Operating Expense Ratio The result of dividing the operating expenses by the potential gross income of an income producing property.
Operating Expenses Fixed expenses, variable expenses, and replacement reserves of operating and maintaining a property. Expenses do NOT include debt service (value is the same whether mortgaged or purchased with cash), capital improvements or depreciation.
Physical Deterioration Ordinary wear and tear, age, and breakage.
Anticipation Principle A principle of value that states that what you expect to happen in the future that affects your decision to buy (or the value of the property) now.
Supply and Demand Principle Value is affected by supply; tending higher in areas of scarcity (demand exceeds supply), and lower in a saturated market (supply exceeds demand). Often stated as a ratio. A ratio of 1/4 reflects a seller's market (four buyers for every home).
Principles of Value Economic rules that impact value of real property, including principles of anticipation, change, competition, conformity, contribution, highest & best use, increasing/diminishing returns, plottage, progression/regression, supply & demand, substitution.
Quantity Survey Method The most complex, technical, time consuming and accurate method of determining replacement/reproduction cost by considering not only materials and labor, but regulatory costs, survey, taxes, profit, etc. Applied primarily to historical structures.
Rate of Return The yield of an investment, expressed as a percentage that the investor expects to make over the term of ownership.
Reconciliation The final step in determining value in which the appraiser correlates the three approaches to value (cost, income and direct sales comparison). It is NOT an average, but gives weight to the most appropriate method for the type of property.
Replacement Cost Cost to replace a structure to similar utility using current materials and modern construction methods. Estimating replacement cost methods include square-foot, unit-in-place, quantity-survey or index.
Reproduction Cost Cost to reproduce a structure exactly, using identical original materials and methods. Sets the highest level of value.
Residual Method An appraisal process used in the income approach to estimate the value of the building by itself by deducting the value of the land as used in the cost approach.
Direct Sales Comparison Approach One of three appraisal approaches to value, based on the principal of substitution. Most appropriate for residential property, and sets the upper limit of value as it is concerned with most recent sales. Formerly known as market data approach.
Scarcity Relationship between supply and demand in which demand exceeds supply, i.e. a seller's market.
Site Valuation Determining the value of the vacant land alone.
Situs Preference for one location over another without basis in objective fact or knowledge. It is said that the most important consideration in buying real estate is location, location, location.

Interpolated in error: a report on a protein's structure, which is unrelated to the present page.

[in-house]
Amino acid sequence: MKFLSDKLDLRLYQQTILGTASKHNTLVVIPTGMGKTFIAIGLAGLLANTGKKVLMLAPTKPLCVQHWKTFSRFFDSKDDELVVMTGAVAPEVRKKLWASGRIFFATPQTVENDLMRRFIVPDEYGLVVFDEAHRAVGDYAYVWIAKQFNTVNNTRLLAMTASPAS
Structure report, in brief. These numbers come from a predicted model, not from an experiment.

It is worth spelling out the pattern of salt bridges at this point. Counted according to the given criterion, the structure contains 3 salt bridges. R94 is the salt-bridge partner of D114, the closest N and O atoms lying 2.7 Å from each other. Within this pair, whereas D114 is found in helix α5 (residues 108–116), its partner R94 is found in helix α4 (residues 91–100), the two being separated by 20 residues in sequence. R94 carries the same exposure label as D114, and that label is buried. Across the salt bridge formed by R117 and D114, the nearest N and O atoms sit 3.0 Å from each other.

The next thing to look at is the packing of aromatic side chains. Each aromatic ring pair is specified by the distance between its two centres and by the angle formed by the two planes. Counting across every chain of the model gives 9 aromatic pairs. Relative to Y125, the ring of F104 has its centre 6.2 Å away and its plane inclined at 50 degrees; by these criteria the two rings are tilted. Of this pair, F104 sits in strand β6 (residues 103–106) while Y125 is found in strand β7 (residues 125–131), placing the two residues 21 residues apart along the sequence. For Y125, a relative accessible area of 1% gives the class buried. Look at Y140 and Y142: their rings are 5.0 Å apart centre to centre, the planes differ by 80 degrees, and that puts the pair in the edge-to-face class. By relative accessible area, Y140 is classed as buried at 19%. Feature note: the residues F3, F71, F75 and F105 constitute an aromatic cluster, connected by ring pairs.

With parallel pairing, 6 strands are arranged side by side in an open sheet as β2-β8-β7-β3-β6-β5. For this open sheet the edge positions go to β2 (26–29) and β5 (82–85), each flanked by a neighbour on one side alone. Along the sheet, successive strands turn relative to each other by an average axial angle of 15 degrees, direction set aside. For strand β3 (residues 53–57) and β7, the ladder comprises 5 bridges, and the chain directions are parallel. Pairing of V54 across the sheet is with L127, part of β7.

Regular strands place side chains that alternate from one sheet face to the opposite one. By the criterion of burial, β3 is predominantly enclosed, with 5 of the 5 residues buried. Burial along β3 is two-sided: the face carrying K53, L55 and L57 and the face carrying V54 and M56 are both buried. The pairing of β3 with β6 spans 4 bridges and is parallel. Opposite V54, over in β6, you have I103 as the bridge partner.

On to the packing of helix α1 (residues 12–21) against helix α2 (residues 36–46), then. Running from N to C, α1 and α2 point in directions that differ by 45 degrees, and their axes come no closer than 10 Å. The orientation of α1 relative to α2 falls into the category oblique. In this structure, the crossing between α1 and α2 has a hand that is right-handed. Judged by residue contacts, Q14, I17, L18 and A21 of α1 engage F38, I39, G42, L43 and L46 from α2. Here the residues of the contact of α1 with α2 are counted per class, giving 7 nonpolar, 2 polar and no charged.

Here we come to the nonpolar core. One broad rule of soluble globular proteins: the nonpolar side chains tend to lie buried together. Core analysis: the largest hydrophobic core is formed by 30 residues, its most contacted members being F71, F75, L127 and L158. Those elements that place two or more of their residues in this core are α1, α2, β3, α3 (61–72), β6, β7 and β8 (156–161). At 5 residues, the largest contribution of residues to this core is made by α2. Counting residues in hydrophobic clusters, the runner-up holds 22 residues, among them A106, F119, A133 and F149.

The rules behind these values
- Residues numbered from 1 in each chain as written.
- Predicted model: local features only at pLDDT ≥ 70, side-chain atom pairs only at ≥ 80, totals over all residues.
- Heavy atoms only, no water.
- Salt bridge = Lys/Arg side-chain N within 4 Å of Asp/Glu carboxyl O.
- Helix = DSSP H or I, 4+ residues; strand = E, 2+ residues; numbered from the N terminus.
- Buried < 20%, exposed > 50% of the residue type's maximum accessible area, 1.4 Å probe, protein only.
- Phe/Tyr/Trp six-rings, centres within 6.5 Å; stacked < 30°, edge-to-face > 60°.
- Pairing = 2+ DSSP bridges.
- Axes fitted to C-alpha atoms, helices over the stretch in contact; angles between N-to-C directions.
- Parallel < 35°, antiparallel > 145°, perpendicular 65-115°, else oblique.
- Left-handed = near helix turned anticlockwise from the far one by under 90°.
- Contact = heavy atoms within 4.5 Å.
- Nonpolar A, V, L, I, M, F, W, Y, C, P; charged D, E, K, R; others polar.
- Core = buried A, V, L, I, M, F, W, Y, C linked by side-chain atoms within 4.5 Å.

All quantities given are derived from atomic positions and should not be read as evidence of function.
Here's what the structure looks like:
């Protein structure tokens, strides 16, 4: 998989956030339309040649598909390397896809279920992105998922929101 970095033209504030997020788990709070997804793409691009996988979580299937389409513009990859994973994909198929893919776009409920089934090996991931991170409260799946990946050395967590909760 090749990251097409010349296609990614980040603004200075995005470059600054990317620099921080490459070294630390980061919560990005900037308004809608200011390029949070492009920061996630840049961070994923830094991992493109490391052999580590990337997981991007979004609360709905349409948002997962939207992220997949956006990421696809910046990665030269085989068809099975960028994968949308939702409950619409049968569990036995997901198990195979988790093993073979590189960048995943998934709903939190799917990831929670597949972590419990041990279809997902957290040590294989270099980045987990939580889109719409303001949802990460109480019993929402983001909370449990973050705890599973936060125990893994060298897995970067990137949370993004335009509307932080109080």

Subjective Value What a specific person might be willing to pay for a property because of a perceived direct benefit not shared with others. Contrasts with objective value. Example; the property is next to a friend or relative.
Substitution Principle Substitution Principle
Unit-in-Place Method A method of determining replacement cost based primarily on cost of materials per square foot or yard (or other unit of measurement) plus labor, profit etc. Less technical and involved than the quantity survey method.
Utility Value The value to a specific owner also known as subjective value.
Yield Annualized amount of return to an investor; expressed as a percentage of the original investment.
Homogeneity Similarity; Neighborhoods that have homogeneity of houses and people are generally stable in value.
Capital Improvement An improvement that extends the life of a property, as opposed to maintenance. Capital improvements are not included in computing the operating expenses of a property. Example: New siding or roofing, but not painting or ceiling fans.
Conformity Principle A property that conforms to its surrounding properties in style, age, size, appearance tends to maximize value.
Increasing & Diminishing Returns Principle The cost of improving a property increases its value (law of increasing returns) only to a certain point; over-improving an obsolete property, or improvements that do not add to value are examples of the law of decreasing returns
Progression & Regression Principle Twin principles of value holding that a property tends toward the value of those around it. The worst house in the best neighborhood will tend to be more valuable (progression); mansion in a slum will tend to be lower in value (regression)
Square-Foot Method The most common and easiest method of determining replacement cost based on cost-per-square-foot of a comparable, recently constructed building multiplied by the square footage of the subject property
Approaches to Value Primary methods of appraisal; Cost approach, Income approach, Direct Sales Comparison Approach
Objective Value The price an informed buyer might be willing to pay for a property absent a specific personal interest in the property. Contrasts with subjective value.
Straight Line Method a method of depreciation that is computed by dividing the adjusted basis of a property by the number of years of estimated remaining useful life. The cost of the property is thus deducted in equal annual installments
Appraiser is an independent person trained to provide an unbiased estimate of value
Gross Income Multiplier is an appraisal method which relates the sales price of a property to its rental income Sales Price / Gross Income = GIM
Index Method a type of cost approach used by appraisers, by computing the replacement cost of a building
Plottage ncreased value resulting from assemblage (the combining of adjacent lots into one larger lot)
Regression a principle of appraisal stating that , between dissimilar properties, the worth of the better property is adversely affected by the presence of the lesser-quality property
Arms length A term indicating parties to a transaction are acting independently and with full bargaining knowledge and position. A sale to a family member is not "arms length" and may therefore impact market value or have tax consequences.